In 1967, Ogata was originally developed as a model for building large-scale paddies to increade rice for domestic consumption. It was developed by the state by reclaiming land from Hachirogata, which was then Japan’s second largest lake. But as Wakui recalled, as early as 1970s, the government started forcing Ogata’s farmers to reduce production by imposing quotas. Wakui said he as harassed by government and agricultural cooperative officials for not following the “gentan” program.  The central government even threatened him, saying it would forcibly buy back his rice paddies because the district was originally developed by money provided by the state.

Ogata village then was split between those who followed the quotas and those who defied it. Wakui, who was unable to sell his rice through the official government-controlled distribution channels, started selling high quality rice directly through consumers. He even set up a firm and started producing processed food including pasta made from rice flour, special types of rice and rice-based emergency foods. For Wakui, producing high quality food is the key to the survival of rice farmers.

The “gentan” program faced many criticisms from the farming communities overseas, including US farmers because of its artificially high rice prices and an ever-increasing amount of black market rice. Because of this, Japan revised its laws in 1994 to stop buying all domestically grown rice except for certain stockpiles and liberalized sales of rice grown.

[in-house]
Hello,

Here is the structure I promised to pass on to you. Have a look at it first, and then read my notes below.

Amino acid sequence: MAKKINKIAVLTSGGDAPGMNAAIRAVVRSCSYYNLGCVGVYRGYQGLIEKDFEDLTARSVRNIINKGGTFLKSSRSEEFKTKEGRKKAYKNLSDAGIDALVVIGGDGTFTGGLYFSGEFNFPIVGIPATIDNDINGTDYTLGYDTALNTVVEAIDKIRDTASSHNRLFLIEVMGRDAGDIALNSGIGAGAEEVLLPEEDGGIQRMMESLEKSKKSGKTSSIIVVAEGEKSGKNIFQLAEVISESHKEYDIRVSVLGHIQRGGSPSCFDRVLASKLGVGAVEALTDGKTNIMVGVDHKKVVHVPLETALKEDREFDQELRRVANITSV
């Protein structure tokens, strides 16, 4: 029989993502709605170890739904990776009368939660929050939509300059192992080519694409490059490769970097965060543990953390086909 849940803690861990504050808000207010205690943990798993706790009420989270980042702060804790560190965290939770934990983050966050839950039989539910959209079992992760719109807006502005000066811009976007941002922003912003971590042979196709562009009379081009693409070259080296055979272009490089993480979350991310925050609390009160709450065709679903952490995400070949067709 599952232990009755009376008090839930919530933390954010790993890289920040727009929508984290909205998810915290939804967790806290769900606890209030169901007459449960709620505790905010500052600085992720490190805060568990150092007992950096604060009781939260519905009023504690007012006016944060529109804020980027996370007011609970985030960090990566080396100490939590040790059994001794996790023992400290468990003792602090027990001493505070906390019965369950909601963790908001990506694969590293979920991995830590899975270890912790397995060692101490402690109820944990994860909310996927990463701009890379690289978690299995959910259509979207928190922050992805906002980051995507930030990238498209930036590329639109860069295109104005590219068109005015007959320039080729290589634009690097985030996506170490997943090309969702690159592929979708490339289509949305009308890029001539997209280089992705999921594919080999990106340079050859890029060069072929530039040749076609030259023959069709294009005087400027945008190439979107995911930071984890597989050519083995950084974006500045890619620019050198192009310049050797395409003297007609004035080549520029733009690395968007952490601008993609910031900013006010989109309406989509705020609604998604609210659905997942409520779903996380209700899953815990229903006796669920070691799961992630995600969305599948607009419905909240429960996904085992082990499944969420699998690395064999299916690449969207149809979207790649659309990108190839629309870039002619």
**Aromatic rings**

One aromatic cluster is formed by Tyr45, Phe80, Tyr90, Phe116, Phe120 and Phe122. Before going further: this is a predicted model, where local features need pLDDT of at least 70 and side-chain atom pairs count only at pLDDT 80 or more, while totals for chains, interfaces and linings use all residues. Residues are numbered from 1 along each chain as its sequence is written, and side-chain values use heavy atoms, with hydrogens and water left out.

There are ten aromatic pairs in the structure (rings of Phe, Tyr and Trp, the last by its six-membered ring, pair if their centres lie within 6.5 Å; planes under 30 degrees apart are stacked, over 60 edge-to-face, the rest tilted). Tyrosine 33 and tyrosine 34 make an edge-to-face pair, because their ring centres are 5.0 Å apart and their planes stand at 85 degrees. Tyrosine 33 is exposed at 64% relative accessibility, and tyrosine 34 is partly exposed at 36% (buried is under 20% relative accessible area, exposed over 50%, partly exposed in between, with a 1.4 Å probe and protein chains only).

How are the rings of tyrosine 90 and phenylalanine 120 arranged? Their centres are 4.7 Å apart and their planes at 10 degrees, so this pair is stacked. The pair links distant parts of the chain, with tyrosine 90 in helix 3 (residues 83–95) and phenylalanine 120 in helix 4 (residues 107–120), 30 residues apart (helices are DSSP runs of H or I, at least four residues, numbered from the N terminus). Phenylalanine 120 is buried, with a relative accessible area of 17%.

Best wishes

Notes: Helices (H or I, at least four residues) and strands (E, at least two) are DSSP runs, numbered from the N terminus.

In 2010, the government, led by the Democratic Party of Japan, abolished the penalties, which included not allocating various infrastructure subsidies to local communities where such farmers who do not follow the gentan program lived and farmed.

In November, the administration of Prime Minster Shinzo Abe finally announced plans to abolish state rice production quotas in 2018. Some experts and farmers suspect that abolishing the quotas will fail to streamline the rice industry.

Today, the government plans to abolish the direct payment subsidy in five years introduced by the DPJ that helps farmers who curtailed rice output based on the “gentan” goals. That payment is based on a rate of Y15,000 per 1,000 sq. meters of rice paddy.

There are however, certain incentives which the government plans to retain for planting crops for human consumption other than rice to keep rice prices higher. There are plans to create a new set of subsidies to help farmers maintain infrastructure in rural communities by diverting money allocated to the DPJ’s direct payment subsidies.

According to Kazuhito Yamashita, research director at the Canon Institute for Global Studies, those subsidies will allow Japan to maintain its inefficient rice-farming industry, including the part-timers and their small paddies. Yamashita said this reform in a nutshell is a fake.

Others are not impressed by the government’s announced plans to abolish the “gentan” program. One of them is Hajime Kobayashi, chairman of the local agricultural cooperative in Ogata village. He said the government will just keep doing the same thing, which is to keep high prices of rice for human consumption. He further explained that Japan is now involved in negotiations in the Trans Pacific Partnership free trade talks, which he believes it could eventually force Japan to drastically cut is 778% tariff on rice.

Kobayashio believes that the government will have no choice but to come up with more radical changes for its agricultural policies. “I want the government to draw up long-term policies for the next 30 years and middle-term policies for the next 10 years as well. Otherwise, you can’t invest in agriculture.”

Source: Reiji Yoshida, The Japan Times, December 15, 2013

Date submitted: Dec. 15, 2013

Reviewed, edited and uploaded: Dec. 18, 2013